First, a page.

Grant Ingram graduated from Durham University in 1997 on the first cohort of the then brand new MEng degree. After two years in the electricity supply industry working on power stations large and small he returned to Durham to complete a PhD sponsored by Rolls-Royce. Technology developed in conjuction
This book is about the fundamentals of turbomachinery, the basic operation of pumps, aircraft engines, wind turbines, turbomachinery for power generation and hydro-electric machines. It compliments courses that you will be studying in these areas by concentrating on getting the basics right. Enormous emphasis is placed on relating the complex geometry of turbomachines to the fundamental analysis models used throughout the design of all turbomachinery. The simple techniques described in the book provide the basis for preliminary design of all turbomachinery and so mastering the concepts in this book provides a solid foundation for later study.
This book is based on an introductory turbomachinery course at Durham University. This course was taught by Dr David Gregory-Smith and Professor Li He over a number of years and I am extremely grateful to them for providing a clear and lucid set of principles on which to base this work.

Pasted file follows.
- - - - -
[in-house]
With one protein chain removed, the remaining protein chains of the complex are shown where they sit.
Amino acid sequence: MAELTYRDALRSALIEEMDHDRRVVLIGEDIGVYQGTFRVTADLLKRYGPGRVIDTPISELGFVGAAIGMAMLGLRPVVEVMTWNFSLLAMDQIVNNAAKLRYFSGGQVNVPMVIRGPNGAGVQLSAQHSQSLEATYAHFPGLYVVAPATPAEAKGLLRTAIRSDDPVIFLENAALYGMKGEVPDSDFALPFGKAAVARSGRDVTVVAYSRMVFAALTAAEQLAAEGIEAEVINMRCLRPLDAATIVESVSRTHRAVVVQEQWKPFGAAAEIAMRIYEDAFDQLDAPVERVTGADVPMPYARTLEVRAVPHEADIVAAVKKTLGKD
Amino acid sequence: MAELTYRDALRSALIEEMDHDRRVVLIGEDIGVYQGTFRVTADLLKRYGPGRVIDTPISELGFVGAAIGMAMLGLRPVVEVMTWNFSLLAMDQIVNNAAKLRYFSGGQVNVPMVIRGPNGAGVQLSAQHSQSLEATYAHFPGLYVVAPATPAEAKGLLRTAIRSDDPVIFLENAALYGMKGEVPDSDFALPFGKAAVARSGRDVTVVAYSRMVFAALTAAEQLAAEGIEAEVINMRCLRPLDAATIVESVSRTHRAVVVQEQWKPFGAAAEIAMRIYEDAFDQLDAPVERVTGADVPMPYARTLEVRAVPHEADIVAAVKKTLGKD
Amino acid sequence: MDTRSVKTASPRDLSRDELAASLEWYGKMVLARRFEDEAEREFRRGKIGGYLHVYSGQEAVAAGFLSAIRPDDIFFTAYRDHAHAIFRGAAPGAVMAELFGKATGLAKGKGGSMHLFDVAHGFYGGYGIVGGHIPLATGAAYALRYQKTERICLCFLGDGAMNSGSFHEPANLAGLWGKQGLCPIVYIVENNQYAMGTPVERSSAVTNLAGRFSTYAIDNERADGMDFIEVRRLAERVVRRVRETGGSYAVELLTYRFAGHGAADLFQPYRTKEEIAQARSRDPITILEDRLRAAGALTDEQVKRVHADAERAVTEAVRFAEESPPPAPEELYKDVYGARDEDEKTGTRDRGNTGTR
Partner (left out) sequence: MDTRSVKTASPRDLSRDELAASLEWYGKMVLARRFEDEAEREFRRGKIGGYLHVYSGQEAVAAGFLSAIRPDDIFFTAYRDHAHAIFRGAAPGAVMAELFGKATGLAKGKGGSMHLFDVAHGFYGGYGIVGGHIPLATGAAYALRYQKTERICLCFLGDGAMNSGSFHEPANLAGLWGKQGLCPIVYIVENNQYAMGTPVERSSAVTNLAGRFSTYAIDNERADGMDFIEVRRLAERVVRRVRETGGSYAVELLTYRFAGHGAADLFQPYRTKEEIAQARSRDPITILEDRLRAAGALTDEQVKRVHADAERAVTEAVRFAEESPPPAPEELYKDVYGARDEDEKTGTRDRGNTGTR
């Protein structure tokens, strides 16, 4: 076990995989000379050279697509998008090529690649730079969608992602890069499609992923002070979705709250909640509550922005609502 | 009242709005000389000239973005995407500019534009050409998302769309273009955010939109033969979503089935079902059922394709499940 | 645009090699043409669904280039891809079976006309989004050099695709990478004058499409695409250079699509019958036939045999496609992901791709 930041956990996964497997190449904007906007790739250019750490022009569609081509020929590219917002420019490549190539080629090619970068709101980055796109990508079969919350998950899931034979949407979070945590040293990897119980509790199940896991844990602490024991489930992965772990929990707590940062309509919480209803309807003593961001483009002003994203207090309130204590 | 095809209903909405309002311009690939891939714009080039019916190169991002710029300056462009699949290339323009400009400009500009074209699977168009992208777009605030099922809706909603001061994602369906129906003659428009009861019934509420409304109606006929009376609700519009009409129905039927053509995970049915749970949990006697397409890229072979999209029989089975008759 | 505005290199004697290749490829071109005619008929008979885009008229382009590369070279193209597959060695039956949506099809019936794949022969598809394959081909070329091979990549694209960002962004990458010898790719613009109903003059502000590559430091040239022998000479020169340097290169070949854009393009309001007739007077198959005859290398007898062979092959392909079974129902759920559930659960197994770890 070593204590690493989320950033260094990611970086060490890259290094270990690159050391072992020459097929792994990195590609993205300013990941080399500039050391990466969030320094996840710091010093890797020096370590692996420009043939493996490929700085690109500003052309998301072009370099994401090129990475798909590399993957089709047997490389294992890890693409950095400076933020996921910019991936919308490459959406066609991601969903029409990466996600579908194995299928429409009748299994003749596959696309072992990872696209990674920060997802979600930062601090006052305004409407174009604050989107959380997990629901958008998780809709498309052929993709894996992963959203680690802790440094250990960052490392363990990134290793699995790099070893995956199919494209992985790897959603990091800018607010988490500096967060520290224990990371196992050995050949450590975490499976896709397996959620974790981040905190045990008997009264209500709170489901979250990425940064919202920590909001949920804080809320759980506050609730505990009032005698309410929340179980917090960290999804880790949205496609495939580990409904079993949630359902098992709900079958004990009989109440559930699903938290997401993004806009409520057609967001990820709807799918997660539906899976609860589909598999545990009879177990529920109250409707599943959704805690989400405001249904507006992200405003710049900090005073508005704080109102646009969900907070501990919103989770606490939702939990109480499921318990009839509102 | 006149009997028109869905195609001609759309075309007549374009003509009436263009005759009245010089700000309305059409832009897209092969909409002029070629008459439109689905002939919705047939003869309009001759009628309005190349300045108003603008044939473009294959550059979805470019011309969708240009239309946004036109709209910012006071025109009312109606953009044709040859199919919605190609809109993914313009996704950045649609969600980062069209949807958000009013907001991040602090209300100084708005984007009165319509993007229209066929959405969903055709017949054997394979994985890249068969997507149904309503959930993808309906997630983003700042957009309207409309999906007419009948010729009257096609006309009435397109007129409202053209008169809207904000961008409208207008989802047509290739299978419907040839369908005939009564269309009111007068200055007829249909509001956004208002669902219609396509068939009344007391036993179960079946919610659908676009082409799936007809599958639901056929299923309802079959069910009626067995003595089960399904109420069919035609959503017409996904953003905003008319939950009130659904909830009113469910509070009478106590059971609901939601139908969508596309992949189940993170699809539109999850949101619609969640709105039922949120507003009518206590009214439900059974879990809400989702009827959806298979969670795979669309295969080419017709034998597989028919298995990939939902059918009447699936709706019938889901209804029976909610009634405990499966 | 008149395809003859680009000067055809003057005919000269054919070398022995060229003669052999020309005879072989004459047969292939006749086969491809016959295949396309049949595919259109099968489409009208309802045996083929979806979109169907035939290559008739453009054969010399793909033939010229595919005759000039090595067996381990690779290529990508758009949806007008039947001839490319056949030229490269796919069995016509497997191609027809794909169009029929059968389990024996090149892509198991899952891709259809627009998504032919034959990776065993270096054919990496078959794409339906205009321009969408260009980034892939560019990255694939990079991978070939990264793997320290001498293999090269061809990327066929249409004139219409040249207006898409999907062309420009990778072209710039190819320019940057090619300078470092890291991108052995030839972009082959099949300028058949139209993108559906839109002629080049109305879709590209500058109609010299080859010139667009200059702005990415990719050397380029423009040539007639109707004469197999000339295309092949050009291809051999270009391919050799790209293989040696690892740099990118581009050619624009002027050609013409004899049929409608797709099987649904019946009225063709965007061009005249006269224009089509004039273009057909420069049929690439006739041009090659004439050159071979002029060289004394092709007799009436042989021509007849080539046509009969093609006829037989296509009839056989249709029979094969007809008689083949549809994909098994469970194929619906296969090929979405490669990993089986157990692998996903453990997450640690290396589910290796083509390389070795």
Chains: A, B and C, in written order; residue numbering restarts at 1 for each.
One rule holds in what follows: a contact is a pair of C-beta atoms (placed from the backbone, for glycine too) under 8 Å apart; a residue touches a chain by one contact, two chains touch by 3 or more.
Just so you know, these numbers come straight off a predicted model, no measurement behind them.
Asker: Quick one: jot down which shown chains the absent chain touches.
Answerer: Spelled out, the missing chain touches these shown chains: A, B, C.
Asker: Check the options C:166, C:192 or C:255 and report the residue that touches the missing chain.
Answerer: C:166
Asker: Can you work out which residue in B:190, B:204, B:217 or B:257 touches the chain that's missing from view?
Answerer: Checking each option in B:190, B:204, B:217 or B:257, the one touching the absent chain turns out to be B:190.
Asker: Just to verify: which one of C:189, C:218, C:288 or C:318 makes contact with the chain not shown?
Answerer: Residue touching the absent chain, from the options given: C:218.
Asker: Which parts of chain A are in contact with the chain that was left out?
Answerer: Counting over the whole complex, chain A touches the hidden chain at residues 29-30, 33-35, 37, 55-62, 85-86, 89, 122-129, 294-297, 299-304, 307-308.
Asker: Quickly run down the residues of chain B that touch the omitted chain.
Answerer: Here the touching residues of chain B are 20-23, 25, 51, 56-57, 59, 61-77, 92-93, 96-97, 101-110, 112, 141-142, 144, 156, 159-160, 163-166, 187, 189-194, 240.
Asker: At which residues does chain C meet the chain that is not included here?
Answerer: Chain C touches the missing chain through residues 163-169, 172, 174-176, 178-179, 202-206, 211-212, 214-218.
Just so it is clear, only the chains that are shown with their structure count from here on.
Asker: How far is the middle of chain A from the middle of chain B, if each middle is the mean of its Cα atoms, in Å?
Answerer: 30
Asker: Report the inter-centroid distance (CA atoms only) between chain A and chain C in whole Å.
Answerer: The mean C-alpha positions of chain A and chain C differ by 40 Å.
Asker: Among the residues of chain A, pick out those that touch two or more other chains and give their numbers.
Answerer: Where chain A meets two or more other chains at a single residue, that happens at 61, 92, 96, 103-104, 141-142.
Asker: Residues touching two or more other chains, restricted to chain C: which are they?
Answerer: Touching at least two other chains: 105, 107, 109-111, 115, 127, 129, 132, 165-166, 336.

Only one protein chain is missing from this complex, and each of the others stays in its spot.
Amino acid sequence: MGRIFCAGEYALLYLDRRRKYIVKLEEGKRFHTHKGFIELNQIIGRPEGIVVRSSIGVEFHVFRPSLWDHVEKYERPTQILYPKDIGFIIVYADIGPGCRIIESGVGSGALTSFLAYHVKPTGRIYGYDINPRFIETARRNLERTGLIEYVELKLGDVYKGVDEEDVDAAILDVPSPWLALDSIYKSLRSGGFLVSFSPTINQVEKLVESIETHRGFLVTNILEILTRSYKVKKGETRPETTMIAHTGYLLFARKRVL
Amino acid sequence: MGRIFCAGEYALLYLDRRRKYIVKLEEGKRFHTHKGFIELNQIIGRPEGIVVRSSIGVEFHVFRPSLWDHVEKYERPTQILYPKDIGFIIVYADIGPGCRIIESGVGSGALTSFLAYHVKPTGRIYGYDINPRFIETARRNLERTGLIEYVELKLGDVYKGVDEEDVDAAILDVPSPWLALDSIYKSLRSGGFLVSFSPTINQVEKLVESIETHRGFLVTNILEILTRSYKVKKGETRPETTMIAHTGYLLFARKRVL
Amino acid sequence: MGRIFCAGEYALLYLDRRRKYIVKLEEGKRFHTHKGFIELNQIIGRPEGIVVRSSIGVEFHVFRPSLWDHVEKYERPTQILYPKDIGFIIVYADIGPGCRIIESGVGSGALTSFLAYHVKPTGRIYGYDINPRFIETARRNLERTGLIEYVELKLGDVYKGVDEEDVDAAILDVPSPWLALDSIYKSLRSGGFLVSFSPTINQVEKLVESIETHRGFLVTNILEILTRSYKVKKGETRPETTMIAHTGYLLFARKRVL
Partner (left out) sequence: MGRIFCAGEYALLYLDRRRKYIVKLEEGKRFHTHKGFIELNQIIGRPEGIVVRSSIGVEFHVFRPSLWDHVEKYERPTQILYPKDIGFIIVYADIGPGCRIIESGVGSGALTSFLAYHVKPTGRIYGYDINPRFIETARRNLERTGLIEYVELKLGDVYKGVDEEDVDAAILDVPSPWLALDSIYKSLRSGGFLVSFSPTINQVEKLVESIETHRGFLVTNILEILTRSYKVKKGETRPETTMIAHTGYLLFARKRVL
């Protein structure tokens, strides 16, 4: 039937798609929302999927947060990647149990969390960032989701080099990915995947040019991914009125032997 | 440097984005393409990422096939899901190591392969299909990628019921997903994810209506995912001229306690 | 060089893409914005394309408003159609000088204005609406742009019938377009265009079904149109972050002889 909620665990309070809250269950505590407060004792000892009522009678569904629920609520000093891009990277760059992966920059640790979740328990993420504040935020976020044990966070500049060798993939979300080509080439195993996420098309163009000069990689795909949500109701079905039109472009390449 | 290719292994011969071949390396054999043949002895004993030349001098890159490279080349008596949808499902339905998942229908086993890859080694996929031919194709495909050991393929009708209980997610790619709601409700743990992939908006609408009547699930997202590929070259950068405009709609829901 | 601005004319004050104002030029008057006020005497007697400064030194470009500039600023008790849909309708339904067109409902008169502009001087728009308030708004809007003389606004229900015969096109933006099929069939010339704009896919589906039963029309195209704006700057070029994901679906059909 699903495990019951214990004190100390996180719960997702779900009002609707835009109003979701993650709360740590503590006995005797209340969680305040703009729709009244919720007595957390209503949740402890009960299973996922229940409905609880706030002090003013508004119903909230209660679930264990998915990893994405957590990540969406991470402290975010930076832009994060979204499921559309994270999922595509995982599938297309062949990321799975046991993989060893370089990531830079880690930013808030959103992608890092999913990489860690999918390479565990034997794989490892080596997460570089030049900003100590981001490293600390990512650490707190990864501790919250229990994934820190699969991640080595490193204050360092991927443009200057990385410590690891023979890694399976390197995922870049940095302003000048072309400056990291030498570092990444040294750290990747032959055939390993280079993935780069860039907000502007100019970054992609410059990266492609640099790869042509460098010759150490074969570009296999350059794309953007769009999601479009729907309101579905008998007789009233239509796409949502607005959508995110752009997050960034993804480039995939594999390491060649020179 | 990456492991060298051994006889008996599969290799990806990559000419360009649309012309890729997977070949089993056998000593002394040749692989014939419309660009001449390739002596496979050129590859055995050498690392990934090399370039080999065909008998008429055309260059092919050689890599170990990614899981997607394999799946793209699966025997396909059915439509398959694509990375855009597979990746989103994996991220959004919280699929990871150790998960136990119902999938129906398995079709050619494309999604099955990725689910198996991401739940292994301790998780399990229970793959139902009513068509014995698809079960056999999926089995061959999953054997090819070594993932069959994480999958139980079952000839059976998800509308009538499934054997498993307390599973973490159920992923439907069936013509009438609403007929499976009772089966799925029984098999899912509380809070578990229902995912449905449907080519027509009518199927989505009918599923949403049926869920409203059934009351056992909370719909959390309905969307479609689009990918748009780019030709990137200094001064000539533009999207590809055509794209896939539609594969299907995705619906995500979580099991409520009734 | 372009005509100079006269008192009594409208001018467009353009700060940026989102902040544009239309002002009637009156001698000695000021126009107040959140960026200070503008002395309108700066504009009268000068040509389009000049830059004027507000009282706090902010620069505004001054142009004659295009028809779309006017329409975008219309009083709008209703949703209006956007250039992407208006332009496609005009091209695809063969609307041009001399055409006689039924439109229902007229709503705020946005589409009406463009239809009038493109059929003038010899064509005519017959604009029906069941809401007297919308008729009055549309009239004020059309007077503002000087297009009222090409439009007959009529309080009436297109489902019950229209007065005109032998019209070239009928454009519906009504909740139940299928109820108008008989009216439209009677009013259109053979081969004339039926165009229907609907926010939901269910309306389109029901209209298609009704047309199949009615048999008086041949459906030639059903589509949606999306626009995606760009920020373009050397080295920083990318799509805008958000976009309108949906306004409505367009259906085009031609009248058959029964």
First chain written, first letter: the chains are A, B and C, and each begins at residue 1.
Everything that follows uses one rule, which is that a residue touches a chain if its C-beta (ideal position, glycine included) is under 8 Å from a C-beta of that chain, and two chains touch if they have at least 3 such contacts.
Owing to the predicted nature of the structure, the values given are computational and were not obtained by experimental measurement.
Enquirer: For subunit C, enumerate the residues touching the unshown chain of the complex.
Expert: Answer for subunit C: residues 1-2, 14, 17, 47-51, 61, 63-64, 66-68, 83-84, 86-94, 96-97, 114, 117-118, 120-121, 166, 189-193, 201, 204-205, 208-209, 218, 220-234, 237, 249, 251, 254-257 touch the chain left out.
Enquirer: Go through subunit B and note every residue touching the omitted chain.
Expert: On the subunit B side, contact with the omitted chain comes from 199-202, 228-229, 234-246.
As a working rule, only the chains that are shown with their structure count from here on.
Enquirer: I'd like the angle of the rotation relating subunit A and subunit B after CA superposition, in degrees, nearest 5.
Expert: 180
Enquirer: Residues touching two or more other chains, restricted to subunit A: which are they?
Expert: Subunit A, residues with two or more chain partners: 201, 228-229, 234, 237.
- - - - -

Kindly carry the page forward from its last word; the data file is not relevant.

My current colleagues at Durham Dr Rob Dominy and Dr David Sims-Williams have also provided invaluable help (even if they didn’t realise it!) in preparing this work.
The book is designed to help students over some important “Threshold Concepts” in educational jargon. A threshold concept is an idea that is hard to grasp but once the idea is understood transforms the student understanding and is very hard to go back across. Within turbomachinery my view is that understanding the cascade view, velocity triangles and reaction form three threshold concepts, perhaps minor ones compared to the much bigger ideas such as "reactive power" or "opportunity cost" that are also proposed but this view has significantly influenced the production of this book.
I’d therefore like to acknowledge Professor Eric Meyer for introducing me to the idea of threshold concepts.